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T-Mobile-Sprint Proposed Efficiencies Overcome Historical Litigation Precedent

On March 11, 2020, T-Mobile and Sprint cleared one of the few remaining roadblocks to their merger by reaching settlement agreements with twelve states and the District of Columbia. A month prior to those settlements, U.S. District Judge Victor Marrero issued an important decision in New York v. Deutsche Telekom AG (“T-Mobile-Sprint”) when he rejected a suit filed by a coalition of attorneys general to block the merger. In his Order, Judge Marrero gave “substantial merit” to the merging parties’ efficiencies.[i] To achieve this outcome, the merging parties undertook significant and extensive analysis to demonstrate compelling efficiencies.

Efficiencies are generally viewed as cost reductions and non-price benefits that result specifically from a merger.[ii] In T-Mobile-Sprint, the merging parties proposed substantial cost reductions and non-price benefits, including a lower-cost cellular network, increased network speeds, expedited 5G services, and increased network coverage in rural and underserved markets.[iii] The efficiencies are planned to be realized post-merger under the T-Mobile and Sprint combined entity (“New T-Mobile”).

It is frequently said that no court has allowed an otherwise anticompetitive merger to proceed on the basis of proposed efficiencies.[iv] This precedent stems from Procter & Gamble, a 1967 Supreme Court decision, that drew a hard line rejecting efficiencies as a defense to anticompetitive effects resulting from a merger.[v] T-Mobile–Sprint provides an important example of how the consideration of efficiencies by courts appears to be evolving.

Precedent and Evolution of Merger Efficiencies in Litigation

To understand the current state of efficiencies in litigation, it is important to understand how we got here. Since Procter & Gamble, the Baker Hughes (1990) deciding appellate opinion appears to have opened the door for consideration of efficiencies as a defense to a prima facie case against adverse anticompetitive effects. Judge Clarence Thomas, prior to his appointment to the Supreme Court, affirming the appeal of Baker Hughes, stated “the Department of Justice’s own Merger Guidelines contain a detailed discussion of non-entry factors that can overcome a presumption of illegality established by market share statistics.” Those “factors include … efficiencies.”[vi]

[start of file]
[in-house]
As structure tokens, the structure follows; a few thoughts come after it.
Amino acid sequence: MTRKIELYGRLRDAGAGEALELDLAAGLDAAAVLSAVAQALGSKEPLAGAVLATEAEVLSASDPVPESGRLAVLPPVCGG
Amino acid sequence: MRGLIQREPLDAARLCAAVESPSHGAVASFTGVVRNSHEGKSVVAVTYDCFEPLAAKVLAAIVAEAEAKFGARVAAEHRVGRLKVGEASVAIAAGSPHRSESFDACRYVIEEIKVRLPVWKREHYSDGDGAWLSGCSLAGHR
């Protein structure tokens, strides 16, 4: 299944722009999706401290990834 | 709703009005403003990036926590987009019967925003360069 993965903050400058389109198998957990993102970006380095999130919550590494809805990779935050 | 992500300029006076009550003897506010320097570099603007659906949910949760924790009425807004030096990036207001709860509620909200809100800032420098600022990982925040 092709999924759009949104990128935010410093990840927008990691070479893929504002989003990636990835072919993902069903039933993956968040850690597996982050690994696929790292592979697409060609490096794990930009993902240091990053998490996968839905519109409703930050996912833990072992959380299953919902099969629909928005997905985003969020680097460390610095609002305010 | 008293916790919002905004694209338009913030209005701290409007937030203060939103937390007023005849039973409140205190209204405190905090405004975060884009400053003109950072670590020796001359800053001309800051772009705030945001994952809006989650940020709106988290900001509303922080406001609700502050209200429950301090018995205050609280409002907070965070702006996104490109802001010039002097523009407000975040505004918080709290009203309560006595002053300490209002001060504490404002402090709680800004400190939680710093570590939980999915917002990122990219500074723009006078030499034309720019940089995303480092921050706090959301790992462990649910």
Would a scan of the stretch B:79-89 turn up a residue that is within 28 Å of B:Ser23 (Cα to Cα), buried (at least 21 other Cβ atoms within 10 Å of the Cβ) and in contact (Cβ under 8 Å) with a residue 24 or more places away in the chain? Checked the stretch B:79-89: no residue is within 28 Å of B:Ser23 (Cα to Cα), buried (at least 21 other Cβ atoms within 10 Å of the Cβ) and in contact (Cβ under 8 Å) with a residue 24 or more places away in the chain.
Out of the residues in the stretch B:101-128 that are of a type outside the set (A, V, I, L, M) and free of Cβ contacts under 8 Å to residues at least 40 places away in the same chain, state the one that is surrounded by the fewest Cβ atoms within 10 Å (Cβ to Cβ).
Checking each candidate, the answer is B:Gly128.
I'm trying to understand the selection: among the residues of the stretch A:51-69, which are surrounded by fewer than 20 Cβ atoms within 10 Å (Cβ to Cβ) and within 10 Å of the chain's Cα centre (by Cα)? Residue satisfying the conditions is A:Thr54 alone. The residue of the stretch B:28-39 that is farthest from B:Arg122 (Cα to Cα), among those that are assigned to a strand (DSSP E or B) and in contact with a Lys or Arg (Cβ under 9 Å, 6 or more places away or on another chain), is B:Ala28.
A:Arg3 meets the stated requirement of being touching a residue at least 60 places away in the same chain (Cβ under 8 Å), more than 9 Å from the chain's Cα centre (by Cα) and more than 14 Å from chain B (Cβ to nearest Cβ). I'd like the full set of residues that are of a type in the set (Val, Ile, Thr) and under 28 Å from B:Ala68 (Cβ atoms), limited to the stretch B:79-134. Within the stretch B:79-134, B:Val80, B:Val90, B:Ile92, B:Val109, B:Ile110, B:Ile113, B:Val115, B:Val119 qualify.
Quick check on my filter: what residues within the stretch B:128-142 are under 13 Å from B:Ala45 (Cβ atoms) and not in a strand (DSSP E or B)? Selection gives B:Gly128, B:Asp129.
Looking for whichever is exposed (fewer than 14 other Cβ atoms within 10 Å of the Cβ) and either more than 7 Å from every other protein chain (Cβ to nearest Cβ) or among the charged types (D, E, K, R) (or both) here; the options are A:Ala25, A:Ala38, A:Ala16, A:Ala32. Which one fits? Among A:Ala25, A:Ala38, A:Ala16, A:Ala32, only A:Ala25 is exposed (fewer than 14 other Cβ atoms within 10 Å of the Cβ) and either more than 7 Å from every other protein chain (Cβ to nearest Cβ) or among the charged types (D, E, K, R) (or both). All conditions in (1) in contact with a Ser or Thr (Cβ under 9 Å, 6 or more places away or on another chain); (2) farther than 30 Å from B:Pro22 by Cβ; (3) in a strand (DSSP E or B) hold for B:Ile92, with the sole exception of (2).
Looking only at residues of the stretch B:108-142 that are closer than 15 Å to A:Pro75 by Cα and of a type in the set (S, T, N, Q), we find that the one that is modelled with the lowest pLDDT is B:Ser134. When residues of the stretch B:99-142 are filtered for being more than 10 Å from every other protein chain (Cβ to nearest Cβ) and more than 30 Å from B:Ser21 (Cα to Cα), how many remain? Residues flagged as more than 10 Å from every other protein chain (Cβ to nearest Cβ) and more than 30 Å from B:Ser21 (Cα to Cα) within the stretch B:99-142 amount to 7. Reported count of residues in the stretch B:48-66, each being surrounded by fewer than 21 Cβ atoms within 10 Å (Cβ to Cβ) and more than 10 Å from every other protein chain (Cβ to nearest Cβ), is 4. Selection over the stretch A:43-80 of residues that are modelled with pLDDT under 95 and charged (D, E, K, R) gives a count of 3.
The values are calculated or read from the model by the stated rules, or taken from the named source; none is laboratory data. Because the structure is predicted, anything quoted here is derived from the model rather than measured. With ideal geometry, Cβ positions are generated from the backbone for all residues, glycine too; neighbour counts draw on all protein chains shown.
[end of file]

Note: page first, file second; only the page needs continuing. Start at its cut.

Further, Baker Hughes established a three-part burden framework that includes (1) the plaintiff must establish, prima facie, that the merger would result in adverse anticompetitive effects; (2) the defendant must rebut the prima facie case; and (3) the plaintiff must “produce sufficient evidence to overcome [a] successful rebuttal.”[vii]

In later cases, such as University Health (1991), Heinz (2001), and Arch Coal (2004), efficiencies were considered to offset anticompetitive harms. The University Health deciding appellate opinion considered efficiencies and stated, “a defendant who seeks to overcome a presumption that a proposed acquisition would substantially lessen competition must demonstrate that the intended acquisition would result in significant economies and that these economies ultimately would benefit competition and, hence, consumers.”[viii]

The Heinz deciding appellate opinion stated, “the high market concentration levels present in this case require, in rebuttal, proof of extraordinary efficiencies, which the appellees failed to supply.”[ix] Further, the Arch Coal deciding opinion acknowledged efficiencies as a partially offsetting factor and stated, “the existence of … efficiencies … remains relevant to an assessment of the post-merger market and the potential benefits to consumers. … Efficiencies resulting from the transactions, then, provide some limited additional evidence to rebut the claim of post-merger anticompetitive effects.”[x]

More recently in Anthem-Cigna (2017), the District Court for the District of Columbia blocked the merger of Anthem and Cigna and rejected efficiencies by stating that the claimed efficiencies do not outweigh adverse anticompetitive effects.[xi] The merging parties then appealed the decision on the grounds that the District Court improperly considered the efficiencies defense. The U.S. Court of Appeals rejected, by majority, the purported efficiencies on the grounds that the argued efficiencies were not cognizable, neither merger-specific nor verifiable, as outlined in the Horizontal Merger Guidelines (“Guidelines”).[xii]

In the U.S. Court of Appeals opinion, Judge Brett Kavanaugh, prior to his appointment to the Supreme Court, issued a dissenting opinion that stated, “to be verified, the efficiencies and consumer benefits must be ‘more than mere speculation and promises about post-merger behavior.’ But they need not be certain. They merely must be probable,” and, “the majority opinion’s lack of a square holding on the role of efficiencies in merger cases is some measure of good news because it means that future district courts and future panels of this Court still must follow General Dynamics, Baker Hughes, and Heinz.”[xiii]

T-Mobile-Sprint’s Efficiencies Case

Before the trial brought by the States, T-Mobile and Sprint laid the groundwork for establishing efficiencies by consistently proposing cost reductions and non-price benefits due to the merger in public campaigns and investigatory replies.[xiv] During this time, engineers for the merging parties undertook significant analysis and developed a sophisticated network model based on ordinary course processes that supported these efficiencies.